The Periodic Table Essay

The Periodic Table Essay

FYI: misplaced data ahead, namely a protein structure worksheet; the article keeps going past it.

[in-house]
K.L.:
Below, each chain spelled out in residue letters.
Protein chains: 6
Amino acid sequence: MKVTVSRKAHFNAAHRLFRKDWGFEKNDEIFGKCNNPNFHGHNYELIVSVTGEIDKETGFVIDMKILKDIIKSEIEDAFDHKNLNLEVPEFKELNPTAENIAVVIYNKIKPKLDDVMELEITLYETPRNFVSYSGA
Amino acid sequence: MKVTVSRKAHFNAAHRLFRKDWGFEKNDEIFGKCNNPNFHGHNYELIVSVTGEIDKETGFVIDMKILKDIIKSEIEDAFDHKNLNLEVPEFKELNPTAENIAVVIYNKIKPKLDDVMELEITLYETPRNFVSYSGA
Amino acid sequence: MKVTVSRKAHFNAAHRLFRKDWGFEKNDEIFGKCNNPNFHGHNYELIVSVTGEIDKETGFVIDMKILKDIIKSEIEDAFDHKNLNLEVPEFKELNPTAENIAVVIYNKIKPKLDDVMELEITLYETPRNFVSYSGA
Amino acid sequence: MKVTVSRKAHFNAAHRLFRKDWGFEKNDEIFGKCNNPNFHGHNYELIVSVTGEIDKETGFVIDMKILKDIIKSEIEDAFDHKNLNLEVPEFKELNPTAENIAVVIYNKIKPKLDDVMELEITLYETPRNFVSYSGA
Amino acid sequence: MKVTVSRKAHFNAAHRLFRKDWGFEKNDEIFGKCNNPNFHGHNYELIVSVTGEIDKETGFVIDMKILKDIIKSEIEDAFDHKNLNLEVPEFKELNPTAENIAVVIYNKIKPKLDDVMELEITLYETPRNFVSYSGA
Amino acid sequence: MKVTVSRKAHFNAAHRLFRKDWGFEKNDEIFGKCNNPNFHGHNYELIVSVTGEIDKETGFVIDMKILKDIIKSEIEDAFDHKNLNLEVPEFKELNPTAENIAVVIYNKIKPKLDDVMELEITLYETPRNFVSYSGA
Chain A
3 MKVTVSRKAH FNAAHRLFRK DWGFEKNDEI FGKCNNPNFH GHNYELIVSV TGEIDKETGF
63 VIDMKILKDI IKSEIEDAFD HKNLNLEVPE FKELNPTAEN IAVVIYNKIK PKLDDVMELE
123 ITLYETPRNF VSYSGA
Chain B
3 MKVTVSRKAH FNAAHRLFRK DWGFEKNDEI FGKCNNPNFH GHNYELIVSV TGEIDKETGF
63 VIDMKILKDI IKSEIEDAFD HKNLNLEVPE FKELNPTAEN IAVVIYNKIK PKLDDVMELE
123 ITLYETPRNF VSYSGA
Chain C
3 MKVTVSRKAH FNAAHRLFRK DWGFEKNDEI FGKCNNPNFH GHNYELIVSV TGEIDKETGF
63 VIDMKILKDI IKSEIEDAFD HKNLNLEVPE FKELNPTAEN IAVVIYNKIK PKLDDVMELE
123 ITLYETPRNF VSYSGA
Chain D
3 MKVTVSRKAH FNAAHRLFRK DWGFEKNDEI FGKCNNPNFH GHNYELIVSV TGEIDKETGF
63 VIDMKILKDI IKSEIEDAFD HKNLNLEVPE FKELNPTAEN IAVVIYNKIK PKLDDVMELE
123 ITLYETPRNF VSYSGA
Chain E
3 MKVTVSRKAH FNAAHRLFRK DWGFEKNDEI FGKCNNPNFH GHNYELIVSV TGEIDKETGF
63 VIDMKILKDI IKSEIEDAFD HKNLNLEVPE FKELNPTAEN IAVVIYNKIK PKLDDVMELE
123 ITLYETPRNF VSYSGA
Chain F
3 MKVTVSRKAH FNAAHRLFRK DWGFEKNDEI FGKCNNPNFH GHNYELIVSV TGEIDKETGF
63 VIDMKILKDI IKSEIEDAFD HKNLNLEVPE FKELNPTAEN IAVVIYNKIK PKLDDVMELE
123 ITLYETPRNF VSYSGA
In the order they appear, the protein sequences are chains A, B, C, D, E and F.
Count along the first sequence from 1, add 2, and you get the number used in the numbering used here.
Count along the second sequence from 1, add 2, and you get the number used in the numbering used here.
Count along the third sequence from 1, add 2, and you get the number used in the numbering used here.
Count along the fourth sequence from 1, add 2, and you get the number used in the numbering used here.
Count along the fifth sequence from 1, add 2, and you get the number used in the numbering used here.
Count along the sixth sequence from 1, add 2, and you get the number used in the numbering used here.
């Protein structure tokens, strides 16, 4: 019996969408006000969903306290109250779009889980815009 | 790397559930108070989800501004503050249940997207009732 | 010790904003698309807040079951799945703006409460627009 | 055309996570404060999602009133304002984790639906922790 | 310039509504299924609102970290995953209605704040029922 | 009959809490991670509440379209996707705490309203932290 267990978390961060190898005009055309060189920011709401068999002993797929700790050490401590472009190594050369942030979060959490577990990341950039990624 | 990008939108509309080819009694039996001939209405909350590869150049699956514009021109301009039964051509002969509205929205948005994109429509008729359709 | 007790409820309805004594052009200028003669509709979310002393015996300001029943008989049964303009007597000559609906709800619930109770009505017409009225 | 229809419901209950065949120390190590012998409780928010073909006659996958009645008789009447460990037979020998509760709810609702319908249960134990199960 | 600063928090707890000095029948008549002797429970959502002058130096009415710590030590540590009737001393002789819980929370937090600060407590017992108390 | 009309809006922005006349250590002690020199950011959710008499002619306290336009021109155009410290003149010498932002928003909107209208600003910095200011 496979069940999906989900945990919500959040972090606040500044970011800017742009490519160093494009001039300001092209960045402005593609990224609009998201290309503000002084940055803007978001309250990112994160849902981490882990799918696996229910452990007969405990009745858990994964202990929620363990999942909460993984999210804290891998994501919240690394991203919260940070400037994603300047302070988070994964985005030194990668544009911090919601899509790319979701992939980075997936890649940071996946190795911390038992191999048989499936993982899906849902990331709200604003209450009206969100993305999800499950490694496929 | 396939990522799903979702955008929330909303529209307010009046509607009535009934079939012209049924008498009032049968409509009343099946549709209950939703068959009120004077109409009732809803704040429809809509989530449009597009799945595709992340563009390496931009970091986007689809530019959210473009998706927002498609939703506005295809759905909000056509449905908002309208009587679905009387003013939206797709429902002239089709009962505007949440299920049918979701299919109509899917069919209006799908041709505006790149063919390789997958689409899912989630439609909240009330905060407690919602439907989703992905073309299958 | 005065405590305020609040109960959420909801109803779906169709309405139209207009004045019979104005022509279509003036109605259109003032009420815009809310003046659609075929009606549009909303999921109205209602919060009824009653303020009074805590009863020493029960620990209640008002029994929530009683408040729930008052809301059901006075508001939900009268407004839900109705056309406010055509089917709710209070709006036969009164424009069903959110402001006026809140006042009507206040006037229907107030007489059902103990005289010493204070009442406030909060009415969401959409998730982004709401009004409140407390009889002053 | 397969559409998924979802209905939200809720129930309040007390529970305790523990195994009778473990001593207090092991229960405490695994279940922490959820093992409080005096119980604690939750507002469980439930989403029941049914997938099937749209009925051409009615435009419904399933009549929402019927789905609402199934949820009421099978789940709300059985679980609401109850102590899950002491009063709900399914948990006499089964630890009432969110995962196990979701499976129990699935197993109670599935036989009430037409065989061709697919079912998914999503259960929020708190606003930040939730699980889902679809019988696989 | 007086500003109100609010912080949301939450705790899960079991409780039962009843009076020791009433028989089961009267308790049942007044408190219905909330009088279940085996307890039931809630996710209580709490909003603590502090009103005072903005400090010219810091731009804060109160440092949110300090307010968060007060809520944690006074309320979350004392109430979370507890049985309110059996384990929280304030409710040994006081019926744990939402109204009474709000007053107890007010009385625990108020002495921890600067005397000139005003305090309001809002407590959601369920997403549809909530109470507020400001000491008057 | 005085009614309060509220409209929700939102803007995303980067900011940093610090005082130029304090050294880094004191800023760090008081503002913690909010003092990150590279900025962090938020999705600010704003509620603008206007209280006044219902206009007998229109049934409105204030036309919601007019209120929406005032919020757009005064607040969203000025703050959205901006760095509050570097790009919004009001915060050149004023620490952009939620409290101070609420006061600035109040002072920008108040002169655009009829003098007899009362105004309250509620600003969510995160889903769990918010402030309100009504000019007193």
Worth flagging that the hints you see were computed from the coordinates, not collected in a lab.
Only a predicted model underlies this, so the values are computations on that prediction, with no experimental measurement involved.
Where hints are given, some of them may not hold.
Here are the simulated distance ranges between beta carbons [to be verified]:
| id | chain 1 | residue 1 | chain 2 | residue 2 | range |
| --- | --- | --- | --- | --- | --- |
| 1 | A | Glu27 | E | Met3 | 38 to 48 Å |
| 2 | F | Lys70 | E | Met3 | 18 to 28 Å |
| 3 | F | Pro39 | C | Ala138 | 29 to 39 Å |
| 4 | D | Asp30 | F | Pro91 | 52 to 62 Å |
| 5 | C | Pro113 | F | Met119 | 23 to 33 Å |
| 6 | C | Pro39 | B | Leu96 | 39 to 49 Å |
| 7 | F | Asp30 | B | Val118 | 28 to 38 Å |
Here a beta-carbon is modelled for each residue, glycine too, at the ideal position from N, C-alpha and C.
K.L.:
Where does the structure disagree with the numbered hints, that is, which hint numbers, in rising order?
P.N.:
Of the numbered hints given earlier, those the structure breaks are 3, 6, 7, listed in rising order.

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Classification of Elements: The Periodic Table Arranging The Elements: The Russian chemist Dmitri Mendeleev uncovered evidence that consisted of a huge collection of facts about the 63 elements that had been discovered by the mid-1800's. His clues had to do with the physical and chemical properties of these elements. Mendeleev was convinced that he could arrange the elements so that those with similar properties were grouped together. Mendeleev made a card for each element including the atomic mass, density, color, and melting point. He also included the element's valence, bonding power. Mendeleev, looking for patterns, arranged the card so that the atomic mass increases. If he started with lithium, the next would be beryllium. Then would come boron, carbon, nitrogen, oxygen, and flourine. With the cards arranged in this order Mendeleev noticed that the pattern of valences was: 1 2 3 4 3 2 1. Seven elements in a row, and a pattern of valences repeating themselves. As he arranged all 63 cards in this manner in doing so he also saw something even more remarkable. When the elements were arranged in this way, they fell into columns, one under the other. All the elements in one column had the same valence and showed similar physical and chemical properties. Mendeleev designed a periodic table in wich the elements were arranged in order of increasing atomic mass. The periodic law states that the physicaland chemical properties of the elements are periodic functions of their atomic numbers. The periodic table of the elements is one of the most important tools of a scientist, especially a chemist. The periodic table is a classification system, a way of organizing vast amounts of information in a logical , usable, meaningful way. The columns the elements are placed in are called groups or families. Elements within the group have similar but not identical properties. For example, lithium ( Li ), sodium ( Na ), potassium ( K ), and other members of family 1 are all soft, white, shiny metals. They are all highly reactive elements, wich means they readily combine with other elements to form compounds. In each individual square it contains the atomic mass, atomic number, chemical symbol, and name/abbr. There are now 109 elements in the periodic table. Most of the elements are metals. Chemical properties in metals are such things as lust and shininess. Most metals also allow heat and electricity to move through them easily. Therefor metals are good conductors of heat and electricity. In general metals have high density. This means they are heavy for their size. There are two other physical properties that are common to many metals. Most metals are ductile, wich means they can be drawn out into thin wires. And most metals are malleable, wich means they can be hammered into thin sheets. The chemical properties of metals are not as easily observed as the physical properties. The chemical properties of any element depend of the electron arrangement in the atoms of the element. An atom of a metal can have 1, 2, 3, or 4 electrons in its outermost energy level. The electrons in a metals outermost energy level are held together weakly. So metals are elements that tend to lose their outermost energy levels electrons when they combine chemically. Because they tend to lose electrons, most metals will react chemically with water or oxygen in the atmosphere. This usually results in corrosion. Corrosion is the gradual wearing away of a metal due to a chemical reaction in which the metal element is changed into a metallic compound. Tarnishing is a nother example of corrosion. This results when silver reacts with sulfer in the air or in certain foods. Properties of nonmetals have no luster and are dull in appearance. Nonmetals do not conduct heat and electricity very well. Nonmetals are brittle and break easily. They cannot be drawn out into wire or hammered into thin sheets. Nonmetals are neither ductile nor malleable. Nonmetals usually have lower melting points and densities than that of metals. Nonmetals are not easy to recognize as a group as metals are. Atoms of most nonmetals are 5, 6, 7, or 8 electrons in the outermost energy level. Atoms with 5, 6, or 7 electrons gain 3, 2, or 1 electron, respectively when they combine chemically. Nonmetals are elements that tend to gain electrons. When you look at the dividing line between metals and nonmetal you see the metalloids. Metalloid means metallike. All metalloids are solid that can be shiny or dull. They conduct heat and electricity better than nonmetals but not as well as metals. Metalloids are ductile and malleable. The metalloids include boron, silicon, germanium, arsenic, antimony, tellurium, polonium, and astatine. Chemical families are elements that have similar properties because they have the same number of valence electrons. The elements in family one are called the alkali metals, with the exception of hydrogen. The alkali metals are soft, siver-white, shiny metals. They are so soft they can be cut with a knife. Alkali metals are good conductors of heat and electricity. The reaction is violent when the alkali metals combine with water and oxygen. Family two consists of the alkali-earth metals. These metals are never found in nature as uncombined metals. Instead they exist bonded with other metals as compounds. Another kind of metal that is hard to label into a group or family is the transition metals. Transition metals have properties similar to other metals. Transition metals are good conductors of electicity as well. An interesting transition metal is mercury. Murcuy is a liquid metal at temperatures above -38 degrees celcius. Most transition metals have 1 or 2 valence electrons. When they combine with of atoms, they lose either 1 or both of their valence electrons. The compounds of transition meteals are usually brightly colored and are often used to color paint. ALKALI METALS ALKALINE-EARTH METALS TRANSITION METALS Lithium (Li) Beryllium (Be) Iron (Fe) Zinc (Zn) Sodium (Na) Magnesium (Mg) Cobalt (Co) Cadmium (Cd) Potassium (K) Calcium (Ca) Nickel (Ni) Mercury (Hg) Rubidium (Rb) Strontium (Sr) Copper (Cu) Cesium (Cs) Barium (Ba) Silver (Ag) Francium (Fr) Radium (Ra) Gold (Au) To the right of the transition elements are six families, five of them contain some metalloids. Family thirteen is the boron family. Atoms of this family usually have three valence electrons. Family fourteen, the carbon family, usually have four valence electrons. The nitrogen family, family fifteen, is named after an element that makes up 78% of the air around you: nitrogen. The atoms of elements in this family have 5 valence elctrons in their outermost energy level. These atoms tend to share electrons when they bond with other atoms. The elements that make up family sixteen are called the oxygen family. Atoms of these elements have six valence electrons. Most elements in this family share electrons when forming compounds. Family seventeen is the halogen family. The elements of this family have seven valence electrons. Atoms of these elements only need to gain one electron to fill their outermost energy level. The last family, the noble gases, are normally unreactive. Under special conditions, certain noble gases can combine chemically with other elements. Because they do not readily form compounds with other elements, the noble gases are sometimes called the inert - gases. Certain properties of elements vary in regular ways from left to right across a period. These properties include electron arrangement, reactivity, atomic size, and metallic properties. The valence number of an elements is related to the electrons in the ourter most energy level of an atom of that element. It is these electrons that are involved in the chemical combining of elements to form compounds.